I work in fundraising. I’m not a sales person. I don’t work on commission. My pay isn’t based on how much I raise in a year. And no, I’m not going to ask you for money (unless you went to the school for which I work, then I will, but I won’t be pushy). But having worked in Development for nearly 19* years, and being an active member of the social media world where I see rants about fundraising efforts, I just want to to dispel some myths.
Here’s the deal. I’ve worked in education for 13 years, in higher ed for 8 of those. I’ve worked for public and private schools. In my work, I see the financials of the organization. I talk to the students (and their families) who benefit from scholarships. I work with the offices who have to make the budget decisions. I know what goes on “behind the curtain”. No matter where I am, I get the same questions from my constituents. And I want to answer those questions honestly…I’m not marketing to you, I don’t really care if you give to your college or not. But so many people get irked and their alma mater and think they are lying or being annoying when they are not. So… Here is my attempt to educate the world…
5 things your College Annual Giving Office Wants You To Know
1. “I didn’t get any scholarships! I paid for my my own education!” is never true. Yes, you or your parents may have paid your tuition and fees (or may still be paying off those student loans). I know I did. And I worked 15-20 hours a week all through college and busted my butt with 18 hour class loads in order to graduate in 4 years despite changing my major several times. I’m the poster child for “no one helped me, why should I give back?”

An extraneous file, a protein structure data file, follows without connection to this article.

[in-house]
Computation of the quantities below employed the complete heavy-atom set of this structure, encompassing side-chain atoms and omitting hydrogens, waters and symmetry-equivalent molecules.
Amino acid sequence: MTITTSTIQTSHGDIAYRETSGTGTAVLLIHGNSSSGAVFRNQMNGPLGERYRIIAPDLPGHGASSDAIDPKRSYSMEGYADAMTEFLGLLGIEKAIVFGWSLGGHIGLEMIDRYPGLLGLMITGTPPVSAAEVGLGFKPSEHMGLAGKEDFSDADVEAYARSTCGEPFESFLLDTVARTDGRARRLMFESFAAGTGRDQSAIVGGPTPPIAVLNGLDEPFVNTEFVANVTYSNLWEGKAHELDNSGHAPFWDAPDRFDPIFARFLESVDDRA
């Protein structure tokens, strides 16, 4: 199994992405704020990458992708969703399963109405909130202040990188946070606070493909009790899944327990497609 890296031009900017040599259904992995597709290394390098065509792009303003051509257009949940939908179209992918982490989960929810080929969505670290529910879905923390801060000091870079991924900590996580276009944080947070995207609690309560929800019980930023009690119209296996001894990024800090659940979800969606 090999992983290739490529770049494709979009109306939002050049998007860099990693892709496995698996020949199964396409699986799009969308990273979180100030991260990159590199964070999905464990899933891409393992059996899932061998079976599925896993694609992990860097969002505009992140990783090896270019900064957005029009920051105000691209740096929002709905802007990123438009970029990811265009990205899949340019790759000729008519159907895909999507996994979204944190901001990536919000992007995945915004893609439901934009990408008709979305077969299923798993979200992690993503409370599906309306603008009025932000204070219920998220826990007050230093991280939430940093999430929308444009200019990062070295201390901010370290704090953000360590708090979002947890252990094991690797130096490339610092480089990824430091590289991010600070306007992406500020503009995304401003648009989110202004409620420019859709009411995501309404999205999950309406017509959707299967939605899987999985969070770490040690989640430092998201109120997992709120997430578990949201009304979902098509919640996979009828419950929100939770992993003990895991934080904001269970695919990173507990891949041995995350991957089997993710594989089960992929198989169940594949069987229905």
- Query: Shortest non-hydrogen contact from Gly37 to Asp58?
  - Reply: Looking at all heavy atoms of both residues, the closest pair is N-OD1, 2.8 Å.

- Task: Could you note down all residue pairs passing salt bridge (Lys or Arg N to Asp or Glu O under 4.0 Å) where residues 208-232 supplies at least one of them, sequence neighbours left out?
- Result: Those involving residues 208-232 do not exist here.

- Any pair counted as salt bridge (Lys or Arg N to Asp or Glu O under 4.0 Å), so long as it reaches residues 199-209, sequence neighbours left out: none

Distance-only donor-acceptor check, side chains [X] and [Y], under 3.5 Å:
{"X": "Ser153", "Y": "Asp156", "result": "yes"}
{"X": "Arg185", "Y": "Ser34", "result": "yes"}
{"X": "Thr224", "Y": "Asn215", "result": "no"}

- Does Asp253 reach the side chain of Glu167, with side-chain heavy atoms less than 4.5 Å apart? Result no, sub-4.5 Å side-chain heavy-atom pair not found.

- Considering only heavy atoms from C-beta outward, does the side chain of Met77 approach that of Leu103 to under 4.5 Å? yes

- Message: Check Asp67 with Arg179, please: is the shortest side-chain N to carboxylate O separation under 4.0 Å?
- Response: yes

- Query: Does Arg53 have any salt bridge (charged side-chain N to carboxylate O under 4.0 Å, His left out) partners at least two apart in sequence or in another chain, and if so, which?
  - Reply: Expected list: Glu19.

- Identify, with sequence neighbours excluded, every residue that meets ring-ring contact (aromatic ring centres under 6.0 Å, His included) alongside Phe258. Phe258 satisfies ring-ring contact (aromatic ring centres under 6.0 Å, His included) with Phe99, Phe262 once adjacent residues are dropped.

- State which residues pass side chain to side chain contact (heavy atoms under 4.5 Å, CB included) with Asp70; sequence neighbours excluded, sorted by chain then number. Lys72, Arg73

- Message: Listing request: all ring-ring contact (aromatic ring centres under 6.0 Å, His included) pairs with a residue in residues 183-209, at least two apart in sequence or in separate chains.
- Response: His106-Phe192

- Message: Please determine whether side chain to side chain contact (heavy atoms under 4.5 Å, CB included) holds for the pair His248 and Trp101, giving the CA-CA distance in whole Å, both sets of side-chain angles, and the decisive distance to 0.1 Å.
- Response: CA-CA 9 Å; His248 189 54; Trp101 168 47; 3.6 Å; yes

But the truth is every single student is supported by philanthropy. Yes, I KNOW that it sounds like a marketing pitch, but it’s not. Nearly every university in the nation uses donor money to support the operating budget. It may pay for student programing, classroom equipment or faculty development. It may even just pay to keep the lights on and the grass mowed. But, the truth is that without a doubt, donor funds help discount the total cost of your degree. At my current institution donor funds + endowment income pays for 27% of our operating cost. Can you imagine paying 27% more for your tuition? Would have have been able to attend? The minute you enrolled at your college, alumni donor dollars were paying part of your way. So while you may have paid your tuition bill, you didn’t pay for the full cost of your education.